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Happy Birthday, CACM!

The Communications of the Association for Computing Machinery (ACM), a.k.a Comm. ACM and C.ACM (pronounced ka-kum), is 50 this Month, resulting in a special anniversary issue: Comm. ACM 51, 1 (January 2008).  The content is behind a digital-library subscription wall, but I don't want to let a few nuggets of this retrospective issue go unobserved.

Update 2008-01-09: I've just learned that Communications of the ACM is being published on-line.  This anniversary issue is the trial edition.  I don't know if the issues will be made available to the general public, but the editorial content of the January 2008 issue appears to be on-line.  I have added appropriate links below.

Looking Backward

The Forum (letters) department has just one submission, an unusually quiet condition.  Executive Editor Diane Crawford explains:

Edsger Dijkstra wrote a Letter to the Editor of Communications in 1968, criticizing the excessive use of the go to statement in programming languages.  Instead, he encouraged his fellow computer scientists to consider structured programming [a term not used by Dijkstra in the letter - dh].  The letter, originally entitled "A Case Against the Goto Statement," was published in the March 1968 issued under the headline "Go To Statement Considered Harmful."  It would become the most legendary CACM "Letter" of all time; "Considered Harmful" would develop into an iconic catch-all.  Dijkstra's comments sparked an editorial debate that spanned these pages for over 20 years.   In honor of the occasion, we republish here the original letter that started it all.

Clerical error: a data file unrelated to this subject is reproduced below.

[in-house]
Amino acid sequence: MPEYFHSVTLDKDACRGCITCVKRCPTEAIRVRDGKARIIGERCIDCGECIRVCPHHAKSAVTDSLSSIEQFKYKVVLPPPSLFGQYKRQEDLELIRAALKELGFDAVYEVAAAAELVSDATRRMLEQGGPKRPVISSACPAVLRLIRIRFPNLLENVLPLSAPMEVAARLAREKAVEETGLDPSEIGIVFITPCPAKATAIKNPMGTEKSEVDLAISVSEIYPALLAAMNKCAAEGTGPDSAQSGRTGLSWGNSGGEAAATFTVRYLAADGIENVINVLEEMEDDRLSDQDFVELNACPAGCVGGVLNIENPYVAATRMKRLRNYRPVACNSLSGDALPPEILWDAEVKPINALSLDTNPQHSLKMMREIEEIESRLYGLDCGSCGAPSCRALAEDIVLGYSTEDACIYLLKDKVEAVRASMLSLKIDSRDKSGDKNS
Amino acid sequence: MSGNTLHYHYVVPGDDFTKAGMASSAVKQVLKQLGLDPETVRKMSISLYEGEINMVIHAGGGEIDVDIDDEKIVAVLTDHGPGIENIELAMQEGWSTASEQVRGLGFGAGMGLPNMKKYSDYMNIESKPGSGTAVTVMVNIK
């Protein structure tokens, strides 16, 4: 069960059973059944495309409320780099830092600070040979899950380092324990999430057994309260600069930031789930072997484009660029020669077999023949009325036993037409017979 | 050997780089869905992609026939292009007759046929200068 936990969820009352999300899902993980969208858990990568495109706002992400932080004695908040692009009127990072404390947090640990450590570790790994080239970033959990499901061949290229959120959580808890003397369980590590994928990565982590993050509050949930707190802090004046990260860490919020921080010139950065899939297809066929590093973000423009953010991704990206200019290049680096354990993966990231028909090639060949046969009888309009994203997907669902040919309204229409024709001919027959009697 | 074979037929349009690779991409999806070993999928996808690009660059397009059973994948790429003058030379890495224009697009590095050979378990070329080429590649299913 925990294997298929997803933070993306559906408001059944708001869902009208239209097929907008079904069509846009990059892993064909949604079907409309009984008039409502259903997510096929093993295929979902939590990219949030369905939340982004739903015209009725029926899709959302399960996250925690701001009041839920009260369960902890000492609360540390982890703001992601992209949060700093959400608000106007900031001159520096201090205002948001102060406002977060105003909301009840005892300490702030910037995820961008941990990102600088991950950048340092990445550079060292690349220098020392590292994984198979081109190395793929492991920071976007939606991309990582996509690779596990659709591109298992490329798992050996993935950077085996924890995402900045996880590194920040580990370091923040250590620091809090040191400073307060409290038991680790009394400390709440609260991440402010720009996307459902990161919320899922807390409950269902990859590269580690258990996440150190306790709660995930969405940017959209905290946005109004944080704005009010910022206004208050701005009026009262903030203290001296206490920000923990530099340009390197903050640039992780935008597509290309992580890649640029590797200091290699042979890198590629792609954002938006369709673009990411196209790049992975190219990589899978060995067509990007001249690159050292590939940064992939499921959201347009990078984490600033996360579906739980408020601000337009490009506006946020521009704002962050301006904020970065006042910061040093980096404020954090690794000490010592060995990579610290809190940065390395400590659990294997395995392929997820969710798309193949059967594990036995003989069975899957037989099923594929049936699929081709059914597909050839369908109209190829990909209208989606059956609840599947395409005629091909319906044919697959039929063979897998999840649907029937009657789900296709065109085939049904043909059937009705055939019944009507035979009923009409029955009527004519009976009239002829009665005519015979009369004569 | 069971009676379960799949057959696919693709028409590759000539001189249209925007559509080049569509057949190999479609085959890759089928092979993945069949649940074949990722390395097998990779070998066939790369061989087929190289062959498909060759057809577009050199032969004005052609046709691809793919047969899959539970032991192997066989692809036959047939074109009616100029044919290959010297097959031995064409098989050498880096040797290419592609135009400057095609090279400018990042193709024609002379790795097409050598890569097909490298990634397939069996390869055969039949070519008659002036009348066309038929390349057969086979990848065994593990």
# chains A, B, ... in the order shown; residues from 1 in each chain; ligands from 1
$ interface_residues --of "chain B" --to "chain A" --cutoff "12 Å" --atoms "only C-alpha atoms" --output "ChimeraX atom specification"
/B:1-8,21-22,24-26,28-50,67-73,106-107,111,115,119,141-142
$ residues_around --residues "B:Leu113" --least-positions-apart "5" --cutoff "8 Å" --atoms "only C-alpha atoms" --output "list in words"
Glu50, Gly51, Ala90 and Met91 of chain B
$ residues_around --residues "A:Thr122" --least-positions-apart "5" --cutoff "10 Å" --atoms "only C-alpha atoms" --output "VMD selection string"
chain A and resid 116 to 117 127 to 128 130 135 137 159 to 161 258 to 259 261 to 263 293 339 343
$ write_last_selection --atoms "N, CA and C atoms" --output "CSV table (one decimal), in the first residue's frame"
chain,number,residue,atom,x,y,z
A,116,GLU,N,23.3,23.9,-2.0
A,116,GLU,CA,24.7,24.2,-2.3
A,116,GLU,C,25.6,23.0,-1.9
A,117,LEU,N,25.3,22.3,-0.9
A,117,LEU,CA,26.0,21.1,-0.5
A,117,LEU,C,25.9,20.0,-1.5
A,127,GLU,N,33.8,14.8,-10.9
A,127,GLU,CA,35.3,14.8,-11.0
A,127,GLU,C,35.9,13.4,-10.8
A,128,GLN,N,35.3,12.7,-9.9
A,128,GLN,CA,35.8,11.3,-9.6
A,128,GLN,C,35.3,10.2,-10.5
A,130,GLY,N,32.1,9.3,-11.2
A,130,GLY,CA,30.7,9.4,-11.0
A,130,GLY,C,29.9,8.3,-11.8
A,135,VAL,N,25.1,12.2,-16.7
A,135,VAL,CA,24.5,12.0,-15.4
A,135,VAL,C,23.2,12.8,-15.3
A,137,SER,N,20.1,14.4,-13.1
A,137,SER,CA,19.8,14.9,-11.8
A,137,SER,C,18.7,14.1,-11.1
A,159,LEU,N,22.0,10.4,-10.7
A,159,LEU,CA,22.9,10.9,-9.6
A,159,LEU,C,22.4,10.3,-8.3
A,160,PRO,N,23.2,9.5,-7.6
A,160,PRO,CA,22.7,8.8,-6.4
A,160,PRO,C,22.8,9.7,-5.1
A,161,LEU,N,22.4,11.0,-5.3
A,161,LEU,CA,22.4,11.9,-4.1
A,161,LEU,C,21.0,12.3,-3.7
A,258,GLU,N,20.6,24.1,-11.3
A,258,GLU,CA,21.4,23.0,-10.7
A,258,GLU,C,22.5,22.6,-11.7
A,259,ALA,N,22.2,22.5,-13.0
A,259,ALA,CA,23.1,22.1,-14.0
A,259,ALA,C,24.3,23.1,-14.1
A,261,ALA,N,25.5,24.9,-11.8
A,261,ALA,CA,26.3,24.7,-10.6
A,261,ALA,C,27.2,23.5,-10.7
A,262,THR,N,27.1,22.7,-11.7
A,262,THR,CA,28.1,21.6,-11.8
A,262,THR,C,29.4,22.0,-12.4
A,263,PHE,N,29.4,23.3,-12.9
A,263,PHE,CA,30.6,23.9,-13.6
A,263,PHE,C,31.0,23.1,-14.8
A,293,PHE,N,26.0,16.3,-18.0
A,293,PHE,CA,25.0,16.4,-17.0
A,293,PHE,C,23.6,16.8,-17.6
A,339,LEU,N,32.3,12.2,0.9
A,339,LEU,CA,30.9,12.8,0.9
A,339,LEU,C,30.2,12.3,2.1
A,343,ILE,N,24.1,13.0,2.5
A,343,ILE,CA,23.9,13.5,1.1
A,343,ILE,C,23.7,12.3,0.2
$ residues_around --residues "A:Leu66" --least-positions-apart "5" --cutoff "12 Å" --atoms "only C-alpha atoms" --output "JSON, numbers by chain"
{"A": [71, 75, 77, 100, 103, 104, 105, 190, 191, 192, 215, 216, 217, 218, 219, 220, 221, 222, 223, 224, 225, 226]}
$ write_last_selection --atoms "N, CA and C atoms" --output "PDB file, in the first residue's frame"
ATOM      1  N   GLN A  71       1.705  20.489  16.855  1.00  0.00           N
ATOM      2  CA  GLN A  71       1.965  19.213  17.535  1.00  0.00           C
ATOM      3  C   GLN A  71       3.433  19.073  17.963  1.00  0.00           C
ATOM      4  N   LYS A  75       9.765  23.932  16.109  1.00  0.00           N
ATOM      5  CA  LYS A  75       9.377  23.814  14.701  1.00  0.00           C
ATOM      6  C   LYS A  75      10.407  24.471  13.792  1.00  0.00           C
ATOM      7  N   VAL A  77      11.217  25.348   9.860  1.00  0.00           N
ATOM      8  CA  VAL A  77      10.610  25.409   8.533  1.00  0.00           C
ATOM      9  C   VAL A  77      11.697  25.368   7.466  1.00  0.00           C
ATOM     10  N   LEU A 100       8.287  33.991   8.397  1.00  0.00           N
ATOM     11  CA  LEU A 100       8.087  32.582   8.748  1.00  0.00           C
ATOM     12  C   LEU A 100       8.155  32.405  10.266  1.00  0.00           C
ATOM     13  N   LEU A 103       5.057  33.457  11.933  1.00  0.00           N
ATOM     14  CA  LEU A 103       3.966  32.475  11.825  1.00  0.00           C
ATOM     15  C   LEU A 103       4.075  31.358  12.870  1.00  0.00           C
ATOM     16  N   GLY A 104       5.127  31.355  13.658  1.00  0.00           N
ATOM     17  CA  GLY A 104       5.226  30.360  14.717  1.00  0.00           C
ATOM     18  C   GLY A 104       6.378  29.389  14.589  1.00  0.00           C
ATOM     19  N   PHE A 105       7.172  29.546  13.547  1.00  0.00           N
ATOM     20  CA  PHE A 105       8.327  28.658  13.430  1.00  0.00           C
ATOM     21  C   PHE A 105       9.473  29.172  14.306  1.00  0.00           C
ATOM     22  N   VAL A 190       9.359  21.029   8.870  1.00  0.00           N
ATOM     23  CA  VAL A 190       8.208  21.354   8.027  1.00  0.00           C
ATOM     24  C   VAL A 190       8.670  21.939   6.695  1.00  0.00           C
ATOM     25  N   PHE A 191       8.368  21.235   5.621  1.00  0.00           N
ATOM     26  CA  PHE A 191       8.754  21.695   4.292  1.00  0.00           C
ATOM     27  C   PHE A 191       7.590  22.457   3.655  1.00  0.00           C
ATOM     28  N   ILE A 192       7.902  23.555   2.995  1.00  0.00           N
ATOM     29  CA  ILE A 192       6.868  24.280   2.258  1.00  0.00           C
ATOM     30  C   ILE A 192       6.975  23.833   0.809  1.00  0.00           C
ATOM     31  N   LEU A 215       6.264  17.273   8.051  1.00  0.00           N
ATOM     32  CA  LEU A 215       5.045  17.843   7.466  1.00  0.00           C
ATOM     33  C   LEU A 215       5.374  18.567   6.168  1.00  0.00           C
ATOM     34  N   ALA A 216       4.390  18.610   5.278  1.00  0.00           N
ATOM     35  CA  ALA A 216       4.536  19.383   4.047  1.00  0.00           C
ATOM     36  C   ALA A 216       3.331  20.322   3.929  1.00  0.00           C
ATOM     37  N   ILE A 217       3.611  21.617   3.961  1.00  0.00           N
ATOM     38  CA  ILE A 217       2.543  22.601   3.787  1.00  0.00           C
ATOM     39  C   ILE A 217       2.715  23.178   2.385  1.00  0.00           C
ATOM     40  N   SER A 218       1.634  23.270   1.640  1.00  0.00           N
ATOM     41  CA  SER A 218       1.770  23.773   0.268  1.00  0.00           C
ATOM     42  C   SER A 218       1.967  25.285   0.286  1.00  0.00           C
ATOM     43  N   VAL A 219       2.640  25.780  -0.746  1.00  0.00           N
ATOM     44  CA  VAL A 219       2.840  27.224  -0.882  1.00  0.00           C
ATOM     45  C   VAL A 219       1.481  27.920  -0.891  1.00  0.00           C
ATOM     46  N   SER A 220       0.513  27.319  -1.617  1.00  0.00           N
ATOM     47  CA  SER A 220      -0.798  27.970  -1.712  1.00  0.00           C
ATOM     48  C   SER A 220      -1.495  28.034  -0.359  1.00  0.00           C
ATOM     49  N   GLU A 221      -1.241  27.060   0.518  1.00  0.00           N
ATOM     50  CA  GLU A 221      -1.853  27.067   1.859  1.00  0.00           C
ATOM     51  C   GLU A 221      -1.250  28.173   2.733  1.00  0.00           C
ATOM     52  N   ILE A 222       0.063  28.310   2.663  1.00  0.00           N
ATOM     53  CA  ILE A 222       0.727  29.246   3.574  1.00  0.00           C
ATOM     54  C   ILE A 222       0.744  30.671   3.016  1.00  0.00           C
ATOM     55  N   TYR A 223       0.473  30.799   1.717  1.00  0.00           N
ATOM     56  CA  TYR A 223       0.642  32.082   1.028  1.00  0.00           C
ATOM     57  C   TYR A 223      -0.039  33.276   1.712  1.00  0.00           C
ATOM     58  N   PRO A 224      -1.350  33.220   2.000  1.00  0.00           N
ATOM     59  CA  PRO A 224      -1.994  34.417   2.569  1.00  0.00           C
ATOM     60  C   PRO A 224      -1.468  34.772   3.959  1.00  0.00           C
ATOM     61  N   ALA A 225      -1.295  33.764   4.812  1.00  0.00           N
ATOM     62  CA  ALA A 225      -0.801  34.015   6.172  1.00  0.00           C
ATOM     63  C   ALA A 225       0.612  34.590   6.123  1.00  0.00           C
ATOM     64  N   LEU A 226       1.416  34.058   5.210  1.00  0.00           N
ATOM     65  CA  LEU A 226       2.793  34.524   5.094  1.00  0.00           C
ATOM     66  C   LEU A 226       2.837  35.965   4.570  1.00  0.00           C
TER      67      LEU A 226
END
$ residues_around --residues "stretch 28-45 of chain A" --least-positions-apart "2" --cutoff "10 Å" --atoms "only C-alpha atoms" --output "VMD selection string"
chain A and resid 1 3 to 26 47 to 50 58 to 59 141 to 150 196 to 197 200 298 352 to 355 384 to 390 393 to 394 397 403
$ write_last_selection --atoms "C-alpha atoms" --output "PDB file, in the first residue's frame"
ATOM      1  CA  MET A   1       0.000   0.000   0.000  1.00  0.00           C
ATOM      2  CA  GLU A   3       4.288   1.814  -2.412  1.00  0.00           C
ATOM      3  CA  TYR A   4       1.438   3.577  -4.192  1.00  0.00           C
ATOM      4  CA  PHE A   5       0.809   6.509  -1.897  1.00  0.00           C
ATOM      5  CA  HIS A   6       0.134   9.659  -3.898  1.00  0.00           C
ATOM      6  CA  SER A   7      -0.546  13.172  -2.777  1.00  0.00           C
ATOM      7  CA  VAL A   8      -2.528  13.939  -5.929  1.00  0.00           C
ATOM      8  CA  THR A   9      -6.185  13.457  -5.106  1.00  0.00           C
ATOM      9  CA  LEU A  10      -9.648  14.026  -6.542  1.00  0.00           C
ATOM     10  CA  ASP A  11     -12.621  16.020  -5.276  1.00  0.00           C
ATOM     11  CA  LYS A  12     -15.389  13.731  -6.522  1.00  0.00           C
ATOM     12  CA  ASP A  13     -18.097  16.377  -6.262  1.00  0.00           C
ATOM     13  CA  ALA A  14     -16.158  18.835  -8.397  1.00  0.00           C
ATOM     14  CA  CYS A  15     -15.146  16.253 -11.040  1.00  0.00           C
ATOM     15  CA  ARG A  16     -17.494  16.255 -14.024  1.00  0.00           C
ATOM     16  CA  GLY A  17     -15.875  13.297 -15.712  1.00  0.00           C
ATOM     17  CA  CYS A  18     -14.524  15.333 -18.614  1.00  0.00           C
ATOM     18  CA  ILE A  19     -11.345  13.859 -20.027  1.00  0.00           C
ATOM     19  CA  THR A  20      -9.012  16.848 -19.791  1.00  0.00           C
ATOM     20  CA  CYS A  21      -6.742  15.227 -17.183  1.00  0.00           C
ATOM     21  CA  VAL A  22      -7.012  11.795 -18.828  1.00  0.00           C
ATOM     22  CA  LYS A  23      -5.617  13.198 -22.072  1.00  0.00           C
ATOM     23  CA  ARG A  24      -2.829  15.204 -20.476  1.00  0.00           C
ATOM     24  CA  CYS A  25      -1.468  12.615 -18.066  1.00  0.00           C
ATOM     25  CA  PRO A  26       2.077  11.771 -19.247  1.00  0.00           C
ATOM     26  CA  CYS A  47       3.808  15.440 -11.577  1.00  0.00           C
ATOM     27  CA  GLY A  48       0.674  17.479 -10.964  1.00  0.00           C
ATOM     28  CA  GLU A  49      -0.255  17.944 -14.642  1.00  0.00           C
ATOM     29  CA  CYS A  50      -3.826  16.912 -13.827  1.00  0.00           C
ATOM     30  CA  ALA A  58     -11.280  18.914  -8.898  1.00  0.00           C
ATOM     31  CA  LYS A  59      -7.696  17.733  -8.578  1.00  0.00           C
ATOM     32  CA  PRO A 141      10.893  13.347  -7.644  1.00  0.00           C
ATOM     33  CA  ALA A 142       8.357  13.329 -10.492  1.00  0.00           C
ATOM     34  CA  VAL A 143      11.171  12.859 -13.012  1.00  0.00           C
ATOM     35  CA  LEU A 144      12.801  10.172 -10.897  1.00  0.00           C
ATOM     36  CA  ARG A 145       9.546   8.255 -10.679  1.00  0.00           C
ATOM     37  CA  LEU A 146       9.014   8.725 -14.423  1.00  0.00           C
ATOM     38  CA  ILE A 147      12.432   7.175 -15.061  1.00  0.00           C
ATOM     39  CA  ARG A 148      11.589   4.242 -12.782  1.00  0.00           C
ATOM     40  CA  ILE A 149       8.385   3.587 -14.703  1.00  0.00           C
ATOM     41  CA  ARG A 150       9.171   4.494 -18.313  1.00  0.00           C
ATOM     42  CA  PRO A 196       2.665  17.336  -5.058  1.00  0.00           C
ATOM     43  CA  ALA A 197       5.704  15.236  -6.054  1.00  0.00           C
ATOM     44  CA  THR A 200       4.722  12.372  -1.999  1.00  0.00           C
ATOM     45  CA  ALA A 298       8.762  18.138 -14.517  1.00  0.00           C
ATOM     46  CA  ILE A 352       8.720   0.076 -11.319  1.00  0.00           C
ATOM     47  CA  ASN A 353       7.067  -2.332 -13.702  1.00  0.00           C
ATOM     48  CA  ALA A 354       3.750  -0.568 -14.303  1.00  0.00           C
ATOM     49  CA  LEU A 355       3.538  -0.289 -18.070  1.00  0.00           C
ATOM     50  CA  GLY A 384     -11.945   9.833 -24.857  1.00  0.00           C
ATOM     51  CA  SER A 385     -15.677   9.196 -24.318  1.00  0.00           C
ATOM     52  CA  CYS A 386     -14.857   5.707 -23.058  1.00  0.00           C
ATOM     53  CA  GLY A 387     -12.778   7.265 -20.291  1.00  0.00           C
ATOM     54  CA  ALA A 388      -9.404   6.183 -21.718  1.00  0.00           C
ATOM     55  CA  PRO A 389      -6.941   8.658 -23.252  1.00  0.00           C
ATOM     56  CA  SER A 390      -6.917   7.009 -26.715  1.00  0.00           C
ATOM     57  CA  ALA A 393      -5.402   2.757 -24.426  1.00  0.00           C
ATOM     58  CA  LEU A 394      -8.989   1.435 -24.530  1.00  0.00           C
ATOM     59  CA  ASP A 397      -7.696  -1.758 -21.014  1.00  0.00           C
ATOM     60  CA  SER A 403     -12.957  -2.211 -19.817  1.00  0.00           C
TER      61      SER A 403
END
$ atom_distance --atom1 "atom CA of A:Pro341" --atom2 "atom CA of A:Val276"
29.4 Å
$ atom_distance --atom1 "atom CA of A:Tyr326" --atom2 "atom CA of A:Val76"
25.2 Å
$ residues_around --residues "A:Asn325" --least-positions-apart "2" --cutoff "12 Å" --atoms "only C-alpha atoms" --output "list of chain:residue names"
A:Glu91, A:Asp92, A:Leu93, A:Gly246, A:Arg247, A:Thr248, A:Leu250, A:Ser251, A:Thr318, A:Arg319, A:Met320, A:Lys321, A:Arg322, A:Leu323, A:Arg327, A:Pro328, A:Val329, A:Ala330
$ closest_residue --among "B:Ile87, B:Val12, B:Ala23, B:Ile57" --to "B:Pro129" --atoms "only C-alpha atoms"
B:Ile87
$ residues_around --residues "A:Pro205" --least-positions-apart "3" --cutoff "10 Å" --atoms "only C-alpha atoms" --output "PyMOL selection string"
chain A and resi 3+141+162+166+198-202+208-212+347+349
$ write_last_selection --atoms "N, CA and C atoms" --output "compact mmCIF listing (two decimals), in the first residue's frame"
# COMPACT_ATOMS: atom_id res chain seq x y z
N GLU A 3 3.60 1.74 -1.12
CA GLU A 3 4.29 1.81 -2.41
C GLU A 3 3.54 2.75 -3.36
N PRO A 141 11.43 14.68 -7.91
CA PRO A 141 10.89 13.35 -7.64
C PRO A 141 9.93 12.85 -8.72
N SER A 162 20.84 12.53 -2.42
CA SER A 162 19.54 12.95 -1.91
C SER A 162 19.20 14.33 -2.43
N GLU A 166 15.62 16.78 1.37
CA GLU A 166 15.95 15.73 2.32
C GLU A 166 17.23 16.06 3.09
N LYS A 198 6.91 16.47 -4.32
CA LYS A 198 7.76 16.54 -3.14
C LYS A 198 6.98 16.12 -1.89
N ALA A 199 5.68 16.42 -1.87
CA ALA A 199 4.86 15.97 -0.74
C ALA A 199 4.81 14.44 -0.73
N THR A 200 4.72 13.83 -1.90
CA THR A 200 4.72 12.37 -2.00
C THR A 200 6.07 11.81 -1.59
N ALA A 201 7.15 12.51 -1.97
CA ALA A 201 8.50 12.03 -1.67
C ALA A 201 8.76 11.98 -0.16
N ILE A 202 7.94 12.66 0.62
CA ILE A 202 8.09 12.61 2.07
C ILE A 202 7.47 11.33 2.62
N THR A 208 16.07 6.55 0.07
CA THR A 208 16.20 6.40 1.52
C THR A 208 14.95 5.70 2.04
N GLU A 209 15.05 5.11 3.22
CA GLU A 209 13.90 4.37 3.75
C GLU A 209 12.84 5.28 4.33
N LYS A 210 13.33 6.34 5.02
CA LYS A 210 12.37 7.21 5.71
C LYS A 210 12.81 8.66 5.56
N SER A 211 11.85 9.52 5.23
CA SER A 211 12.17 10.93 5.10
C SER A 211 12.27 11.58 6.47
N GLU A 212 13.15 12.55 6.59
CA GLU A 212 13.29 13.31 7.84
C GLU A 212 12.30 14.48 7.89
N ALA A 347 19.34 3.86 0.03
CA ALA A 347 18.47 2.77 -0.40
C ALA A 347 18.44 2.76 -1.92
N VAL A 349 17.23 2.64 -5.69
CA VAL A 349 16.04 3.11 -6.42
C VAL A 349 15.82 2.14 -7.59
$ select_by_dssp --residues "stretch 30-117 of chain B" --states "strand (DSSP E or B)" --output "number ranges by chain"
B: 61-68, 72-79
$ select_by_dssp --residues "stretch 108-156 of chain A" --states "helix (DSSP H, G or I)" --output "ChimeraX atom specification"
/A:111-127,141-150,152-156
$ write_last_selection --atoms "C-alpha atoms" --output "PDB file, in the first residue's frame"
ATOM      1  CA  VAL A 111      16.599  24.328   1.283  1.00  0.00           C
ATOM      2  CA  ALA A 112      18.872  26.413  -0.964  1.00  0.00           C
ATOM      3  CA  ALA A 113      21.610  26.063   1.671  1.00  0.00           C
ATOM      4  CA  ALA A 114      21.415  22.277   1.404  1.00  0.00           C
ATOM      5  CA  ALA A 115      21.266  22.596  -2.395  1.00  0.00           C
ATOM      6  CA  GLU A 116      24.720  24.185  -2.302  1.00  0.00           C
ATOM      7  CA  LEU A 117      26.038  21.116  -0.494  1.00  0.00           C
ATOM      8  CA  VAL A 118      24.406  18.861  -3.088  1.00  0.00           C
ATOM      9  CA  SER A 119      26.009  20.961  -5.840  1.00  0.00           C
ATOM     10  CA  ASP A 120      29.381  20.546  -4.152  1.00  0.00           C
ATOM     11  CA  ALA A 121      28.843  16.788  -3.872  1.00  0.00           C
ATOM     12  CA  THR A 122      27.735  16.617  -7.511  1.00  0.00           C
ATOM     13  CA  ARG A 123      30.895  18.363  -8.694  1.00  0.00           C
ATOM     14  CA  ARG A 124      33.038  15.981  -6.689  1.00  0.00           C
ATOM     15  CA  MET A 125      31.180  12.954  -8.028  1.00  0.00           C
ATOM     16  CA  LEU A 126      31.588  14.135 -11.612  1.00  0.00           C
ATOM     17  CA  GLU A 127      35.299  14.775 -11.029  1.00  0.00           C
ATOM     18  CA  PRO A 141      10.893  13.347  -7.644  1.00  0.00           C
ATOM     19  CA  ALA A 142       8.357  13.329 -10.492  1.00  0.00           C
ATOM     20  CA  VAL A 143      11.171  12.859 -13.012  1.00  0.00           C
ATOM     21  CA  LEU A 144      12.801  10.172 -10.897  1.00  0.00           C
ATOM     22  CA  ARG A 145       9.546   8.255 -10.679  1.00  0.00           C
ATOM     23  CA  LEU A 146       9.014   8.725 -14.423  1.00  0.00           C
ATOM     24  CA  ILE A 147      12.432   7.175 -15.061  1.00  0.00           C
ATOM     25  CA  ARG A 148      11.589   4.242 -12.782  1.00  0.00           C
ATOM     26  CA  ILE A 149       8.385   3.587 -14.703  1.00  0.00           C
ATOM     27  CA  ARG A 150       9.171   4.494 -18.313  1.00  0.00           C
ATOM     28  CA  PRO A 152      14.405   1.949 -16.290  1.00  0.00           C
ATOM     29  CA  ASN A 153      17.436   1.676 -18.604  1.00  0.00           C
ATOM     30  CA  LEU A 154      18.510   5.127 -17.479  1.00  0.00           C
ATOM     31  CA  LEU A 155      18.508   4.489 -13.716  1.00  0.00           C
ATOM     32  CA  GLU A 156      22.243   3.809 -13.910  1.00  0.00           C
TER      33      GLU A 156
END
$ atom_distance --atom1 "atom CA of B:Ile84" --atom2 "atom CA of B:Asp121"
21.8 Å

[with content of Dijkstra, Edsger WGo To Statement Considered HarmfulCommunications of the ACM 11, 3 (March 1968), pp. 147-148.  The original manuscript is archived as EWD 215 (PDF file).  EWD 215 lacks the final two paragraphs and the two references of the published paper.  These tie in some related work that does not alter the main point of the letter.]

The newer CACMs'  careless references are demonstrated here with Corrado Böhm being named Bohn in the reprint.

Looking Forward

The Communications is being redesigned and refocused again, inspired by the successful model of Science magazine.   Incoming Editor-in-Chief Moshe Vardi ends a recap of the different editorial regimes and different editors-in-chief with a look at CACM: Past, Present, and Future (PDF file), explaining the motivation for the redesign and reconfiguration.  

The centerpiece of the anniversary issue is the Voices section, a look into the future with this editorial introduction: 

"As difficult as it is to look even a few years ahead, these voices have managed to anticipate the needs of future users, even as they advance the the field's deepest scientific principles.  A notable theme is how much computing ultimately depends on trust, whether in an e-commerce transaction, a robot's behavior, a software agent's instructions, a network's architecture, a human's intentions, or the scholarship of a paper.  See how computation connects us all."